Firm co-founder Vineet Dubey has spent the past decade fighting to keep lead and other heavy metals out of baby food. Read his most recent guest commentary on the Baby Food Safety Act published in the Davis Vanguard below.
When it comes to the lifelong health and development of our children, how long is long enough to wait for Congress to act? What if threats to our children’s cognitive development and academic success come from the very foods we provide to nourish them during their first year of life? Do we sit back and wait for someone else to do the right thing?
That’s exactly where we are today with the Baby Food Safety Act. Introduced with headlines and high hopes in March 2021, it was to immediately impose limits on lead, cadmium, arsenic and mercury. These elements are known to take a toll on a child’s neurodevelopment
The bill was briskly spirited away to the Democratic-controlled House Energy and Commerce’s Health subcommittee. It hasn’t been heard from since.
Parents like myself have been waiting more than a year for the bill’s sponsors, including primary author Rep. Raja Krishnamoorthi (IL-08), and the nine California representatives who co-sponsored it, including Rep. Doris Matsui (CA-06), to usher it along — or to at least tell us what’s holding it up. Meanwhile, baby food makers are still unregulated on how much of these dangerous heavy metals they let into the foods they sell.
Maybe the bill’s authors are waiting for the FDA to do its job? Following all the fanfare, the FDA grudgingly roused itself into preparing to regulate heavy metals in commercial baby. Its first-ever proposed limit for lead in commercial baby food was expected to be announced in April, under its Closer To Zero process. Instead, the FDA in April announced nothing more than a proposed limit for lead in liquid fruit juice. This isn’t even a half-step, but it’s typical.
And when the FDA ever gets around to addressing lead in ALL commercial baby food, any limits they set won’t go into effect until 2025. That means the roughly 10 million American babies born between now and then will continue ingesting heavy metals from baby foods sold by Gerber, Beech-Nut, Hain Celestial (Earth’s Best Organic) and Nurture (Happy Baby) — who’ll remain free to decide on their own what’s safe for your child.
Nearly 80 percent of brain development occurs within the first 1,000 days of life. Lead toxicity, for instance, can affect a child’s nervous system, lower her IQ, decrease academic achievement and increase attention related and problem behaviors. Children absorb the lead they ingest at a rate that’s four to five times greater than for adults.
Compare the FDA’s slow-roll to what the European Union has done. Last August new, lower limits were approved for lead and cadmium exposure in baby food and formula. They became effective that month, more than halving the lead limit for most processed cereal-based baby foods to 20 parts per billion (ppb), from the former maximum of 50 ppb.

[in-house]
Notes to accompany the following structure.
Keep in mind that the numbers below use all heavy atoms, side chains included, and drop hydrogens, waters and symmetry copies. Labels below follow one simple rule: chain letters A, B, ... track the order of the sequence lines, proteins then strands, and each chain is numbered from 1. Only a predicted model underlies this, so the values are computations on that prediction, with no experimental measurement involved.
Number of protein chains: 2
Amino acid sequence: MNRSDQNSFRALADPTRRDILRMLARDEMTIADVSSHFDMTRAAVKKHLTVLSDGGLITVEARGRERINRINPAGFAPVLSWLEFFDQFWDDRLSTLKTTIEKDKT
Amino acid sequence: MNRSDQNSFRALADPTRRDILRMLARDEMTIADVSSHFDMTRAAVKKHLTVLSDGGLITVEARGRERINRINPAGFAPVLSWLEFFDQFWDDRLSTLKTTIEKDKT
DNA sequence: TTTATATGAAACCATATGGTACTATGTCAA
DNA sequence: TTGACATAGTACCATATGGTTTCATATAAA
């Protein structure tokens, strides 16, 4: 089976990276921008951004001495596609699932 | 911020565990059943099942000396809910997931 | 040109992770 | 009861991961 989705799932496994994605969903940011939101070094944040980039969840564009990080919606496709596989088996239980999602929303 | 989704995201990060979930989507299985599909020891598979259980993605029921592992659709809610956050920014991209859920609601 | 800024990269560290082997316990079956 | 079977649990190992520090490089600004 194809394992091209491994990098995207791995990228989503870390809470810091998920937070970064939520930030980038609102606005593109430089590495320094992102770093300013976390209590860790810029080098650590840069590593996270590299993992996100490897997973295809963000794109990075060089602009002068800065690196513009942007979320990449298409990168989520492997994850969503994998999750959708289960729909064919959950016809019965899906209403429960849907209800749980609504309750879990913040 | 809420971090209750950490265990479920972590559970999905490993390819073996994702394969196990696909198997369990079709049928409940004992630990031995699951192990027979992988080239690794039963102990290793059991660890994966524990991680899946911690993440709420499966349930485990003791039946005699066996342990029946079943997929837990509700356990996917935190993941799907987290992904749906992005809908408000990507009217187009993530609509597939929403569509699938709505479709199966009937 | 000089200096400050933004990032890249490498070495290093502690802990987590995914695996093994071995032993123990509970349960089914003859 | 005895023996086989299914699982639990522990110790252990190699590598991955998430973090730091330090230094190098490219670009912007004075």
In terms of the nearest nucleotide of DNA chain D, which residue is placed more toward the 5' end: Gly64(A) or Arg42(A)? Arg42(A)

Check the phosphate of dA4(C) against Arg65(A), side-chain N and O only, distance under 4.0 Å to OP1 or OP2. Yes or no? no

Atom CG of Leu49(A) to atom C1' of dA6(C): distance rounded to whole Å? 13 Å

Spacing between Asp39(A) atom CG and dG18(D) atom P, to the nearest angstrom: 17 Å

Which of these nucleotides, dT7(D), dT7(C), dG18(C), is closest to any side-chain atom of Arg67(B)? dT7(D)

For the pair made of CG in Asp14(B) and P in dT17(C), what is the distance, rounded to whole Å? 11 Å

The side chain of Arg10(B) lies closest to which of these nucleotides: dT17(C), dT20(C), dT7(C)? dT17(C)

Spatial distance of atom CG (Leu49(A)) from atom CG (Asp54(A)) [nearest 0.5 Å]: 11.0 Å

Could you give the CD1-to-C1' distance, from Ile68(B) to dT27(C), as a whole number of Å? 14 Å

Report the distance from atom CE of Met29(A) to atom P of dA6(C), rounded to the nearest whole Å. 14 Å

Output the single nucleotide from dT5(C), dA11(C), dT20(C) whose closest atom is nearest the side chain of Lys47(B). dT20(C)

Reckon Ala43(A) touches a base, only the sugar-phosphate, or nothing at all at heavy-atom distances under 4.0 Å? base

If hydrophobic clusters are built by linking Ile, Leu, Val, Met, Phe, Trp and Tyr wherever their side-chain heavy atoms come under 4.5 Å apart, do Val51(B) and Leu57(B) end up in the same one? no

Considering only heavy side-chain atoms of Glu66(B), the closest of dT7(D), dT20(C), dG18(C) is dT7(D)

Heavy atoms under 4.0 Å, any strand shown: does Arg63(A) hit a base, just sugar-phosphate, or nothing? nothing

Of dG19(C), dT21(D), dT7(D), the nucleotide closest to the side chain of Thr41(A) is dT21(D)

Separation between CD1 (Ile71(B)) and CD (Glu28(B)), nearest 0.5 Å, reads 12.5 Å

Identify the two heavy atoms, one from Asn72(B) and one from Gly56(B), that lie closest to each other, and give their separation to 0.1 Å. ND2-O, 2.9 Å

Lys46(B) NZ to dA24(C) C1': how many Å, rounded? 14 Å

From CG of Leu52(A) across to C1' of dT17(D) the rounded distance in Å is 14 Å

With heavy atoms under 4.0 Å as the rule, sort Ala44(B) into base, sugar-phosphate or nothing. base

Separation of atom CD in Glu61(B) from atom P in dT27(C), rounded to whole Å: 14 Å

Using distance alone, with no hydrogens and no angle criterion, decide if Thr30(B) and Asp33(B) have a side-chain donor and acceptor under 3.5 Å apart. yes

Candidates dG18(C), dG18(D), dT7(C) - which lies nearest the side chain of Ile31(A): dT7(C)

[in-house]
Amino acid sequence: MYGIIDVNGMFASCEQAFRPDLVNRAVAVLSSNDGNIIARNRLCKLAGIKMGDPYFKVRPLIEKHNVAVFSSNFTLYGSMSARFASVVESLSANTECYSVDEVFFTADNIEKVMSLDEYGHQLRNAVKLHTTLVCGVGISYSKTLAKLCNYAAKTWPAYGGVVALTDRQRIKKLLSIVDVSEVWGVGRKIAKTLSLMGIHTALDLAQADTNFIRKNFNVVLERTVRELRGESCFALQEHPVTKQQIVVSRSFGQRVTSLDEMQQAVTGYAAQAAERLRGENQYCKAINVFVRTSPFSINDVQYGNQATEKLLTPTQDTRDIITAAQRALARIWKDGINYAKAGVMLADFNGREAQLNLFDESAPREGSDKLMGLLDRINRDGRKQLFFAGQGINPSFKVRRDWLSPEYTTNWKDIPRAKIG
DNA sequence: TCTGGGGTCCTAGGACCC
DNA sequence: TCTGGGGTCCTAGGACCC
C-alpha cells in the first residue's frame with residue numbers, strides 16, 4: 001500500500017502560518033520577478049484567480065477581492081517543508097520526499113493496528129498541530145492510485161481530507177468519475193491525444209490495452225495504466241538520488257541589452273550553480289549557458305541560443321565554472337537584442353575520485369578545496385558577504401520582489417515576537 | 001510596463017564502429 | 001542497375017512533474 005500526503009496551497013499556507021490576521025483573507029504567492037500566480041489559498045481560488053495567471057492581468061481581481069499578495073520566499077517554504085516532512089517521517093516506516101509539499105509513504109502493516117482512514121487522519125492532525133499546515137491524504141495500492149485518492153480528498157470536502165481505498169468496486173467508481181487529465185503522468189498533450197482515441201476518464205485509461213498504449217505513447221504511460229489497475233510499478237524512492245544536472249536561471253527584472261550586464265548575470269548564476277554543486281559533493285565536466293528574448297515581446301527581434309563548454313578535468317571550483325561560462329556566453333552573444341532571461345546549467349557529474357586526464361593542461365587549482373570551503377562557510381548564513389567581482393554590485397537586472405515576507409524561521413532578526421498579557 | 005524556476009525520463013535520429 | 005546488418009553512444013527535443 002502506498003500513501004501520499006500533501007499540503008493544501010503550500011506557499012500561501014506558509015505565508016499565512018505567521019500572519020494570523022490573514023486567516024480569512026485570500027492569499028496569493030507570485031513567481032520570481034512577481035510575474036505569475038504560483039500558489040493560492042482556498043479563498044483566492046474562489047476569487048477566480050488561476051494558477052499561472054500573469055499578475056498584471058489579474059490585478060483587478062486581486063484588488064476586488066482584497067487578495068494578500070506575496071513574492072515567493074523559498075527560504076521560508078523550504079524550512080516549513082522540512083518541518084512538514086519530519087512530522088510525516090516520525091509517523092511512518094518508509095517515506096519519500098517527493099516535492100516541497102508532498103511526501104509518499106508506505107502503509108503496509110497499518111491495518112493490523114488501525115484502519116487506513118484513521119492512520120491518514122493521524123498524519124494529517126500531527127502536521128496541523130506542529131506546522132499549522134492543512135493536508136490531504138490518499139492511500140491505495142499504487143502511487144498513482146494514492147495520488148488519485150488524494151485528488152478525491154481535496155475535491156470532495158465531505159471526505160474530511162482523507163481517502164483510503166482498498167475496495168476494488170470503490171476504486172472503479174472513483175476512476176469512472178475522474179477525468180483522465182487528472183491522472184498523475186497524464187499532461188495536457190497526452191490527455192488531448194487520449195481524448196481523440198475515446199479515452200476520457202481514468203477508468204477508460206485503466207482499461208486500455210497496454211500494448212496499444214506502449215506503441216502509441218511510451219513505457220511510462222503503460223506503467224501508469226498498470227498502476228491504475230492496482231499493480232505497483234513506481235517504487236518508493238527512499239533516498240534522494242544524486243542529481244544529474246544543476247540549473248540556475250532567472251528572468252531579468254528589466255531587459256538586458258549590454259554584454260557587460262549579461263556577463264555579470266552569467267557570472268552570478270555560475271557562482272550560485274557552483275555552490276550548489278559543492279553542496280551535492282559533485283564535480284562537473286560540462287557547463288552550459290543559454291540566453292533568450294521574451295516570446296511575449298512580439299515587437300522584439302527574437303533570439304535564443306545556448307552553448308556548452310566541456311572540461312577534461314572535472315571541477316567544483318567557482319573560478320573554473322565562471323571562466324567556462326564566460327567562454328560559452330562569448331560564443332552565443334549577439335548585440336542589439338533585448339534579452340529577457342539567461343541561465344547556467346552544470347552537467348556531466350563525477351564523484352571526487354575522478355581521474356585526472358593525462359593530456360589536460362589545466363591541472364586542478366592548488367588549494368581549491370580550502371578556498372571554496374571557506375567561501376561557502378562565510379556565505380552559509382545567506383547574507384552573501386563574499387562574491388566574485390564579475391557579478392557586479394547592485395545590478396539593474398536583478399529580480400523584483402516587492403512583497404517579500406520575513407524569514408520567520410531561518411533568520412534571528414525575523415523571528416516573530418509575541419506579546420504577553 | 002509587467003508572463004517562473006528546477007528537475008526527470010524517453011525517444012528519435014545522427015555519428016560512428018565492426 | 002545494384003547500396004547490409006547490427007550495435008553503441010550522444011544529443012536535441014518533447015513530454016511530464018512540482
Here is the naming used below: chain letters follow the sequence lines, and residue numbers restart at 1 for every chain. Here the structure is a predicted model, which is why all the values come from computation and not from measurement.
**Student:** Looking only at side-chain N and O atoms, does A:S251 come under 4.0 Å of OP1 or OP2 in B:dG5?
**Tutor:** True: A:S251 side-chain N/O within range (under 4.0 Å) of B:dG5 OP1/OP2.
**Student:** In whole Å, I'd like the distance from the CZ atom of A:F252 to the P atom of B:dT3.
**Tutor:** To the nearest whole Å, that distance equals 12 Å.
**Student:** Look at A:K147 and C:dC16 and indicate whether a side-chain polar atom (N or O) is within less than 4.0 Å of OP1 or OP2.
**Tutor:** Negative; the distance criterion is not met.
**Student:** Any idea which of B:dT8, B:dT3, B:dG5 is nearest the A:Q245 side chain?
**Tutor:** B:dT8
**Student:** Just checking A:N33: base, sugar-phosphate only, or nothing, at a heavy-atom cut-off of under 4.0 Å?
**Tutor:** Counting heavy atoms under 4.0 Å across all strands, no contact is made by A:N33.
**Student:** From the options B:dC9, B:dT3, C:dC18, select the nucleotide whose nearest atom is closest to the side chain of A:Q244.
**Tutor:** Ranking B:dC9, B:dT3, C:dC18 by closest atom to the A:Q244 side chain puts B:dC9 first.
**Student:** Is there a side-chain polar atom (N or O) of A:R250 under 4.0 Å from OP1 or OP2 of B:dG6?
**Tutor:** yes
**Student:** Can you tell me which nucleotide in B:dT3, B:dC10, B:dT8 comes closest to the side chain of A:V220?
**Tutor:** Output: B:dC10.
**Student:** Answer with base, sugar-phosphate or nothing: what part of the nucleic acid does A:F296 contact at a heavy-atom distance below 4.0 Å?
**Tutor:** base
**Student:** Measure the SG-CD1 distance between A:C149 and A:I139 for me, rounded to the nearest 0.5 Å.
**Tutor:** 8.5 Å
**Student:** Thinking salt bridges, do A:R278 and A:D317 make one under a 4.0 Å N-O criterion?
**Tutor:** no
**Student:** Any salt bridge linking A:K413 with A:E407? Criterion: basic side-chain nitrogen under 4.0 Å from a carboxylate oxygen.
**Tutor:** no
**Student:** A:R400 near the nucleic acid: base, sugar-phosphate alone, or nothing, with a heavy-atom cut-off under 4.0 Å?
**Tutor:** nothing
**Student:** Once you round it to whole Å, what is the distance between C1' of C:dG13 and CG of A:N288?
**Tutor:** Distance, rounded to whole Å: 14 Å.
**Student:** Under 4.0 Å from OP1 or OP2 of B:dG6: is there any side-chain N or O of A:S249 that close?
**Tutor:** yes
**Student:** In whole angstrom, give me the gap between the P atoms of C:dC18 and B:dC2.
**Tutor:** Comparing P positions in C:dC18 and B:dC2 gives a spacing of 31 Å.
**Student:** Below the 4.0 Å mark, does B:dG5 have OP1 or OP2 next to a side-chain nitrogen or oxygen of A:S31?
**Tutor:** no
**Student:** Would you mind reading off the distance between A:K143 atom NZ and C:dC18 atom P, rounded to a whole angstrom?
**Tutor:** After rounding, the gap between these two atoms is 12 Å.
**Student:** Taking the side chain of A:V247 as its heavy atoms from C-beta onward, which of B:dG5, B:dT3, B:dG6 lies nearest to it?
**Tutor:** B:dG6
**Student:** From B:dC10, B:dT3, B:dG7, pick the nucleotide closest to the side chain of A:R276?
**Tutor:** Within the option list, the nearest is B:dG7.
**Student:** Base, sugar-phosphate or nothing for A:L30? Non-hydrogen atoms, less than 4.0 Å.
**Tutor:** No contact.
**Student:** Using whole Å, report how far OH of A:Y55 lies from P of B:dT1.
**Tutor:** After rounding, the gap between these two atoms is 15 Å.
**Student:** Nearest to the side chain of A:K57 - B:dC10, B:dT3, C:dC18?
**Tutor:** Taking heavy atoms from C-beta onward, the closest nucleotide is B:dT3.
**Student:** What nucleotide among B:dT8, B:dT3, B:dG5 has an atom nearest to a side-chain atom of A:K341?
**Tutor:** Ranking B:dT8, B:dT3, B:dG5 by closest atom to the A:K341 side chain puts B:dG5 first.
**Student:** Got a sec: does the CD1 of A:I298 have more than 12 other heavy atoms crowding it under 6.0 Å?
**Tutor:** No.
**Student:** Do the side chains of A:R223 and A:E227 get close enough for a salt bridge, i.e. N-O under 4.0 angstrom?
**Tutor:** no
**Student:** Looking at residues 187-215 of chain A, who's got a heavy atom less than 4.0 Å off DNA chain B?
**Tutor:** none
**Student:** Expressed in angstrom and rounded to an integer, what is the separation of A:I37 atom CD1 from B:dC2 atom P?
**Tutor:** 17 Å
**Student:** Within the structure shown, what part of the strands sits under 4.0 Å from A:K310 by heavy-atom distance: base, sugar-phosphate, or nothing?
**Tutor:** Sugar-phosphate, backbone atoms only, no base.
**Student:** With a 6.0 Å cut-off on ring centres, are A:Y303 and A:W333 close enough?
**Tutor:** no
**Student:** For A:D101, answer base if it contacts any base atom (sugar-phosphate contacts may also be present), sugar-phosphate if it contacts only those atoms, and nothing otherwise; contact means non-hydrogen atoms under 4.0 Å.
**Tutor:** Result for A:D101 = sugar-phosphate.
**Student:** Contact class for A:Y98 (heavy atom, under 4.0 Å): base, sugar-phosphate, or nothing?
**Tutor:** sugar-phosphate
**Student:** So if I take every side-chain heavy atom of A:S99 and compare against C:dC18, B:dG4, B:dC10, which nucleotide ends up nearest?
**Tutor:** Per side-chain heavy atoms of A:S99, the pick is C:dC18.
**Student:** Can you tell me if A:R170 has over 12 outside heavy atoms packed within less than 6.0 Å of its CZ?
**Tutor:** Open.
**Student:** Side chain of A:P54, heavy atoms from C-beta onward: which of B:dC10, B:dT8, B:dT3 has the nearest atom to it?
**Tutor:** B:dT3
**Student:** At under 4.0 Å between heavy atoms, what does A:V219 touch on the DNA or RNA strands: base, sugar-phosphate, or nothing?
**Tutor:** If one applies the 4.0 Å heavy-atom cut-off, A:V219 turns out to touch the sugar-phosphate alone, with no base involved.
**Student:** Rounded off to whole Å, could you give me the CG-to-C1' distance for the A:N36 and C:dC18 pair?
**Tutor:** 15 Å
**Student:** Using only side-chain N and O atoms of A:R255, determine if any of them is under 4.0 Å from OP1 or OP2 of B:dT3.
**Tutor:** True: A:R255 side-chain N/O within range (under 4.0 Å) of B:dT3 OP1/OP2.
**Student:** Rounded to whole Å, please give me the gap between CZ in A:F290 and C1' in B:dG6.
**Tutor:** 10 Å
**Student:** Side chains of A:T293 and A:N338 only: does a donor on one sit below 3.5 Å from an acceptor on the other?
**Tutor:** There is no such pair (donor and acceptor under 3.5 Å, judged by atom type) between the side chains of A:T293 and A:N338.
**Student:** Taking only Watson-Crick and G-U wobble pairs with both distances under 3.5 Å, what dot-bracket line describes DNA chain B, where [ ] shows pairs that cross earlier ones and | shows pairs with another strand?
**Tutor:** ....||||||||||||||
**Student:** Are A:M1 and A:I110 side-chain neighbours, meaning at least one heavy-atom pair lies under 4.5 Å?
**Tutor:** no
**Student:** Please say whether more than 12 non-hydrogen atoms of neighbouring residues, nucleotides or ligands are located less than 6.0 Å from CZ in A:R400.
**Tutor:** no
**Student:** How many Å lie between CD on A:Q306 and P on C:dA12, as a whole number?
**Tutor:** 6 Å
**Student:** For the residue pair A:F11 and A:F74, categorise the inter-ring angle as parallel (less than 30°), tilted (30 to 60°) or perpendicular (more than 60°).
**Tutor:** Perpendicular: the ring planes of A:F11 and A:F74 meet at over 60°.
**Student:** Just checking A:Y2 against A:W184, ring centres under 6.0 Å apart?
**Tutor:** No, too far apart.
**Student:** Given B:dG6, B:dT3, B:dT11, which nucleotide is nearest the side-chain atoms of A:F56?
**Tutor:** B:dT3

The Baby Food Safety Act promised to put a quick cap on the most common heavy metals, while the FDA could take its sweet time to set limits. Inorganic arsenic would be limited to 10 ppb in all baby food; the threshold for lead and cadmium each would be 5 ppb in baby food and 10 ppb in infant cereal; and mercury would be restricted to 2 ppb in all baby food.
What a difference that could make. For babies less than one year old (excluding those breastfeeding), 83.3 percent of dietary lead exposure comes from foods marketed for infants. That breaks down as 47.3 percent from packaged foods and 36 percent from formula, according to a 2018 assessment by the Center for Food Safety and Applied Nutrition.
That’s a lot of potential exposure in just 12 months.
Outside of some additional costs for enforcement, keeping heavy metals out of baby food through the Baby Food Safety Act would tell manufacturers that someone is watching. Those companies will argue that setting limits is costly, due to the heavy metal testing that would be required, they also point out that no foods can ever be free of heavy metals, which are sucked into plants from soil, and then into animals that eat them.
That doesn’t let anyone off the hook. It only points the finger towards sourcing: If you’re buying rice from somewhere that still sprays insecticides containing arsenic, shouldn’t you look elsewhere? Arsenic-free water can be percolated through rice to reduce levels during production. Our children are worth that extra bit of effort.
And consider this: The biggest companies making baby food for the European market are the same Swiss-based companies who make it for Americans: Beech-Nut, which belongs to Hero Group, and Gerber, a part of Nestlé. They’ve somehow managed to quickly meet the EU’s new standards.
We’ve trusted baby food companies and they’ve abused that trust. Change must come from genuine Congressional action. For the past year Congress did nothing more than engage in a grandiose game of virtue signaling. Let’s ask them to do better than lip service. Isn’t it about time to stop putting our kids at risk?